Parents are taking a more active role in the lives of their children than they did 10 years ago, according to data released today by the U.S. Census Bureau. For example, in 2004, 47 percent of teenagers had restrictions on what they watched on television, when they watched, and for how long, up from 40 percent in 1994 (Table 11).
A Child’s Day: 2004 examines the well-being of children younger than 18 and provides an updated look into how they spend their days. This series of 30 tables published by the U.S. Census Bureau is based on the Survey of Income and Program Participation (SIPP) and addresses children’s living arrangements, family characteristics, time spent in child care, academic experience, extracurricular activities and more.
According to this latest look into the lives of children, about 68 percent of 3- to 5-year-olds had limits on their television viewing, an increase from 54 percent in 1994. More children 6 to 11 found they, too, were living with restrictions on television: 71 percent in 2004 compared with 60 percent 10 years earlier.
In 2004, 53 percent of children younger than 6 ate breakfast with their parents every day (Table 7). That compared with only 22 percent of teenagers who ate breakfast with their parents each morning. Those percentages increased at the dinner table, where 78 percent of children younger than 6 ate dinner nightly with their parents, compared with 57 percent of teenagers.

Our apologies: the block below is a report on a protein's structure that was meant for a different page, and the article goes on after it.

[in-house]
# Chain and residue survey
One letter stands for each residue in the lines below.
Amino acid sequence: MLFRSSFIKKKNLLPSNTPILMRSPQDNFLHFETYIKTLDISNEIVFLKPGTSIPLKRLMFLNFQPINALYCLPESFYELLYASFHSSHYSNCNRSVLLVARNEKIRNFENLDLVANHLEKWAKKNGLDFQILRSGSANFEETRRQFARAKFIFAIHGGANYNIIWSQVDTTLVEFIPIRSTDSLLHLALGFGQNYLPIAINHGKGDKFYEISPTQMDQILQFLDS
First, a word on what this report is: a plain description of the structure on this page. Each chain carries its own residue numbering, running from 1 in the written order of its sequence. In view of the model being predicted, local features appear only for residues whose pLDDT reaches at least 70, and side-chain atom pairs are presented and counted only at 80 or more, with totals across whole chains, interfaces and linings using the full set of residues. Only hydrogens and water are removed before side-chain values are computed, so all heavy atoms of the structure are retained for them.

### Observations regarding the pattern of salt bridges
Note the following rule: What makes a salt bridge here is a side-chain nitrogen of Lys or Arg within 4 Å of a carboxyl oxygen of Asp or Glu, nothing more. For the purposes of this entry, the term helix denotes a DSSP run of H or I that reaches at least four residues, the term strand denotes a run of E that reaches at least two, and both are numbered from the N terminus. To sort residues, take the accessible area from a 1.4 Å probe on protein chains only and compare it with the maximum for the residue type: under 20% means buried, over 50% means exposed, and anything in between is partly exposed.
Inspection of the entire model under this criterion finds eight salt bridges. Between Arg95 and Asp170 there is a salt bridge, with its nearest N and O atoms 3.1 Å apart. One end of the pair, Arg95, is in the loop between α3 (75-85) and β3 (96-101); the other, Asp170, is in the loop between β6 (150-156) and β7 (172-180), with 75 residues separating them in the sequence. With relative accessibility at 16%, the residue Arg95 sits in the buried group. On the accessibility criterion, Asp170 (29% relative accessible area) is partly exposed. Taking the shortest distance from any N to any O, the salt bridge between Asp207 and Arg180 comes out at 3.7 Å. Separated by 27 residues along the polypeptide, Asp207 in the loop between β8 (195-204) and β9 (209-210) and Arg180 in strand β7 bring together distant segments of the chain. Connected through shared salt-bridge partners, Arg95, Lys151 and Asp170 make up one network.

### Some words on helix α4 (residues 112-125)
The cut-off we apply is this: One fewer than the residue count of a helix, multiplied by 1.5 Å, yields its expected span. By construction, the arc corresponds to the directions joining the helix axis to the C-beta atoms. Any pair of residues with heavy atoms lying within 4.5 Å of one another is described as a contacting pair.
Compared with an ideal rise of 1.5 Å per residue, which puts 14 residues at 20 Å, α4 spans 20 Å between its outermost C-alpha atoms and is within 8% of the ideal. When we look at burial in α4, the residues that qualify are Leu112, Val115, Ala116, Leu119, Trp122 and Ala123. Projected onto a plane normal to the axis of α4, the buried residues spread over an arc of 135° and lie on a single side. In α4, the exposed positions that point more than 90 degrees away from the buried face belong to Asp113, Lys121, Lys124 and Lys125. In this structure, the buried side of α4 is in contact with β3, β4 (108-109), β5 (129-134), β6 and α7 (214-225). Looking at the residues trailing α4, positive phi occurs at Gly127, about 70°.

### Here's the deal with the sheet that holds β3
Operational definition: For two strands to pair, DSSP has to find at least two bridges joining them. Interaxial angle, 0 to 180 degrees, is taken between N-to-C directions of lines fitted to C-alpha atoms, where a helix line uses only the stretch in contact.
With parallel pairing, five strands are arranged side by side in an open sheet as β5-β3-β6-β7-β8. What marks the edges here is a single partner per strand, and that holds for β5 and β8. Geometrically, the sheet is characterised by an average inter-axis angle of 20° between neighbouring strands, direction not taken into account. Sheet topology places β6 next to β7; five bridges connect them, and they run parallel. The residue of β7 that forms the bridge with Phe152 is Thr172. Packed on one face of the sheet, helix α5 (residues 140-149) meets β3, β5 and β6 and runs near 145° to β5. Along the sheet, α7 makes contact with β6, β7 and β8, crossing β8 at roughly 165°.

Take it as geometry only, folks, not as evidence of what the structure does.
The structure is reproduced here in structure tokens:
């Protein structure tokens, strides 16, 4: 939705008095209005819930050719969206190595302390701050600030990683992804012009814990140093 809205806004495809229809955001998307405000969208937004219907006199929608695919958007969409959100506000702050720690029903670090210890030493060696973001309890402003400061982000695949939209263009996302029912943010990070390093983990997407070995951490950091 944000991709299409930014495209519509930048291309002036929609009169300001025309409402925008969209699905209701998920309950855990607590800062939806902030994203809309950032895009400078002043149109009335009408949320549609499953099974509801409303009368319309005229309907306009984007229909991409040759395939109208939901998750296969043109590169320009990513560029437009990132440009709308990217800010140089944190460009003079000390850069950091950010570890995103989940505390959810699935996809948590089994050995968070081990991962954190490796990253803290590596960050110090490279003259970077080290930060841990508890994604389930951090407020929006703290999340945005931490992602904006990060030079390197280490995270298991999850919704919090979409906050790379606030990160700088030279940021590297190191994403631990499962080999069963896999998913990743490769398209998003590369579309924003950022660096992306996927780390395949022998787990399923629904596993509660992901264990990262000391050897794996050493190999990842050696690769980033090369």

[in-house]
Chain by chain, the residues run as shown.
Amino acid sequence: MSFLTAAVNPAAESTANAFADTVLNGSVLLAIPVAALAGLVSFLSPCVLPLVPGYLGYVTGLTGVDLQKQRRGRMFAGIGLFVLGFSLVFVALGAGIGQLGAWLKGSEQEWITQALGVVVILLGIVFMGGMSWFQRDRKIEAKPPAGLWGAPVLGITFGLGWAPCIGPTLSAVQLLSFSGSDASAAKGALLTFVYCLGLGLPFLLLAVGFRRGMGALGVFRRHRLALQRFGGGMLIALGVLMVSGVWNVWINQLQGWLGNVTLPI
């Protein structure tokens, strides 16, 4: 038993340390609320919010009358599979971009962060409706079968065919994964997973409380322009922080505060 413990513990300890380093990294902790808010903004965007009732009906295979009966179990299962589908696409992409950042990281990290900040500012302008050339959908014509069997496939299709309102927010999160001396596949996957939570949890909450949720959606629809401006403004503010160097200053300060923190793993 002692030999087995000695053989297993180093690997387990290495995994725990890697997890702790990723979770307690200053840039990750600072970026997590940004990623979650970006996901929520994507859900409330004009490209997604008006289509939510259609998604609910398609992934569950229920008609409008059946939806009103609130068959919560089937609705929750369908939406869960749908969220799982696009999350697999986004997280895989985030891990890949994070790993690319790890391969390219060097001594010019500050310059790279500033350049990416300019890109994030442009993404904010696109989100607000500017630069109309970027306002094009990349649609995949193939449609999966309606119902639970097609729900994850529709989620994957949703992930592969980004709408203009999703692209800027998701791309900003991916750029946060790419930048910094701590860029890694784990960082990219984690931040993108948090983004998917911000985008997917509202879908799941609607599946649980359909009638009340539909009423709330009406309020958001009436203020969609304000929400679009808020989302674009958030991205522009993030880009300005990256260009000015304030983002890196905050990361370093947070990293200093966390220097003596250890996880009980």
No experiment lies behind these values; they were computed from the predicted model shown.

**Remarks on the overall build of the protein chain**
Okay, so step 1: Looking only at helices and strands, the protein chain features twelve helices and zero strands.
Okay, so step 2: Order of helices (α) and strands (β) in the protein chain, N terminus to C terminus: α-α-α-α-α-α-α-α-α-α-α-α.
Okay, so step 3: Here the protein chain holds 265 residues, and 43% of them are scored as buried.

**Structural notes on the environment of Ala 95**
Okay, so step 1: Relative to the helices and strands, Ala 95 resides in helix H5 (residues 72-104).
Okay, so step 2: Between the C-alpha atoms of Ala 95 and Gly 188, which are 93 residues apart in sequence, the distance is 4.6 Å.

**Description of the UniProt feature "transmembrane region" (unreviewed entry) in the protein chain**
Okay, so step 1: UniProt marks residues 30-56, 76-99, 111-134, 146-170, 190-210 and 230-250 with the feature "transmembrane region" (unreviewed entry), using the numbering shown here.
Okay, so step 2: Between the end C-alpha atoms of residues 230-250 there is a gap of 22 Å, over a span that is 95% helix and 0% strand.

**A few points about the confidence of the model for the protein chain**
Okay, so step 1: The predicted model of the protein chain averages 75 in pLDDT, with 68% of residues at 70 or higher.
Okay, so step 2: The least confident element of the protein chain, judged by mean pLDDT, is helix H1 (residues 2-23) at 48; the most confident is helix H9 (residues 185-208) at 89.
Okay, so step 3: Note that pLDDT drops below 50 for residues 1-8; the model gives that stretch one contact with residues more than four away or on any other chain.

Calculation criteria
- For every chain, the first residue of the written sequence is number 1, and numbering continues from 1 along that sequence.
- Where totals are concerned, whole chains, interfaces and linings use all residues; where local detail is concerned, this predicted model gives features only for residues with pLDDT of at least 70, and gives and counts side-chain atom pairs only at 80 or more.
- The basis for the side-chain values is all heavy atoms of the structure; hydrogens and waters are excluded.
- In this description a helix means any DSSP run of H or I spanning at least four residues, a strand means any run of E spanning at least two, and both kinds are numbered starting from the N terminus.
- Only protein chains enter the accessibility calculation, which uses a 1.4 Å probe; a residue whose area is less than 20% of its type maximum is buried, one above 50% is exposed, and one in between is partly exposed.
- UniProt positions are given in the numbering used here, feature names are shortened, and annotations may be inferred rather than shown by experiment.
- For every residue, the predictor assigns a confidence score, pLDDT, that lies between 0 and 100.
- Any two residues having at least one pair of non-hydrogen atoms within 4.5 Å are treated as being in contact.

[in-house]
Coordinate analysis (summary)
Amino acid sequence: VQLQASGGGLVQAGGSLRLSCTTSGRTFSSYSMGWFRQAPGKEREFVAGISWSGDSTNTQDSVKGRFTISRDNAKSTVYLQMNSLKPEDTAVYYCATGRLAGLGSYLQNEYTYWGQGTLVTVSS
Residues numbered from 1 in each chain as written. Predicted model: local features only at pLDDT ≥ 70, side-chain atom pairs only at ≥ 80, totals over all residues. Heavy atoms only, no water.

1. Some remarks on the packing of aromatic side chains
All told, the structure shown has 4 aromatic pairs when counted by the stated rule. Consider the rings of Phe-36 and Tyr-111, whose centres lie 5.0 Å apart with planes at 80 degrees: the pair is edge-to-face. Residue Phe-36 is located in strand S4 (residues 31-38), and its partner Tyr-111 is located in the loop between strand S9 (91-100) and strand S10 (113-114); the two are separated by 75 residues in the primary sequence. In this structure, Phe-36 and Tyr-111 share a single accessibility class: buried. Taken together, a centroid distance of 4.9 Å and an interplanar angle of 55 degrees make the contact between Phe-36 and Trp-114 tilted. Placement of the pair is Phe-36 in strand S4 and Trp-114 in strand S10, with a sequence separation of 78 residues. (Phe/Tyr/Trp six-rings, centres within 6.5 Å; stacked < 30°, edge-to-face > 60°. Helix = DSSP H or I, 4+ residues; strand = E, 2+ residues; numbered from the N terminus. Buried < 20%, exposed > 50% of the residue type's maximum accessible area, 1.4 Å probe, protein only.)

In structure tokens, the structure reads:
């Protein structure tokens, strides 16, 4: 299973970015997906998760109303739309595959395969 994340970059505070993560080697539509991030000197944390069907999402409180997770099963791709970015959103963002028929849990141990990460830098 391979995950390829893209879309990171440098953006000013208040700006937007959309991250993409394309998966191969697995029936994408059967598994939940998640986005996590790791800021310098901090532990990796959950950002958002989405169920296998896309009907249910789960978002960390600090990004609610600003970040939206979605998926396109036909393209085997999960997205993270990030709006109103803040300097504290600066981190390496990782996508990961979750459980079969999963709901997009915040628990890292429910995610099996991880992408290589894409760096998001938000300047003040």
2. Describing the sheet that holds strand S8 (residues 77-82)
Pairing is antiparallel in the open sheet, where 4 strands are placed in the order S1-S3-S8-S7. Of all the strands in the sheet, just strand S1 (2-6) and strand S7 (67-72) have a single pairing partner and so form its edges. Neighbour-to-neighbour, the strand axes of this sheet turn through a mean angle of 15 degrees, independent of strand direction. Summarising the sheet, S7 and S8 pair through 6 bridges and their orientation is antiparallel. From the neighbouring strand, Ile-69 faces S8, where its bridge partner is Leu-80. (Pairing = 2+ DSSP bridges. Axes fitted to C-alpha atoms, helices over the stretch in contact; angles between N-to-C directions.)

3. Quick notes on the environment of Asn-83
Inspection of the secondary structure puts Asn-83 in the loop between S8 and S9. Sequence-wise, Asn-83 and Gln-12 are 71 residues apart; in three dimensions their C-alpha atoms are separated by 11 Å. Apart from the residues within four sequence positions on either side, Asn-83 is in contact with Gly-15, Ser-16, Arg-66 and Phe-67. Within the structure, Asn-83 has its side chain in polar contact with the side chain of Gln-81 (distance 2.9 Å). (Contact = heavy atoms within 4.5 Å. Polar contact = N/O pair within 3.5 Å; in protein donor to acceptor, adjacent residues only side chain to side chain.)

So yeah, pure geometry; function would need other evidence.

According to the current data, parents continued to exert a positive influence on their children in other ways. Seventy-four percent of kids younger than 6 were praised by their mother or father three or more times a day (Table 6). The same was true for 54 percent of children 6 to 11 and 40 percent of 12- to 17-year-olds.
Children 1 to 2 were read to an average of 7.8 times in the previous week of the survey (Table 9), while children 3 to 5 were read to an average of 6.8 times in the previous week.
SIPP produces national-level estimates for the U.S. resident population and subgroups, and allows for the observation of trends over time, particularly of selected characteristics, such as income, eligibility for and participation in transfer programs, household and family composition, labor force behavior, and other associated events.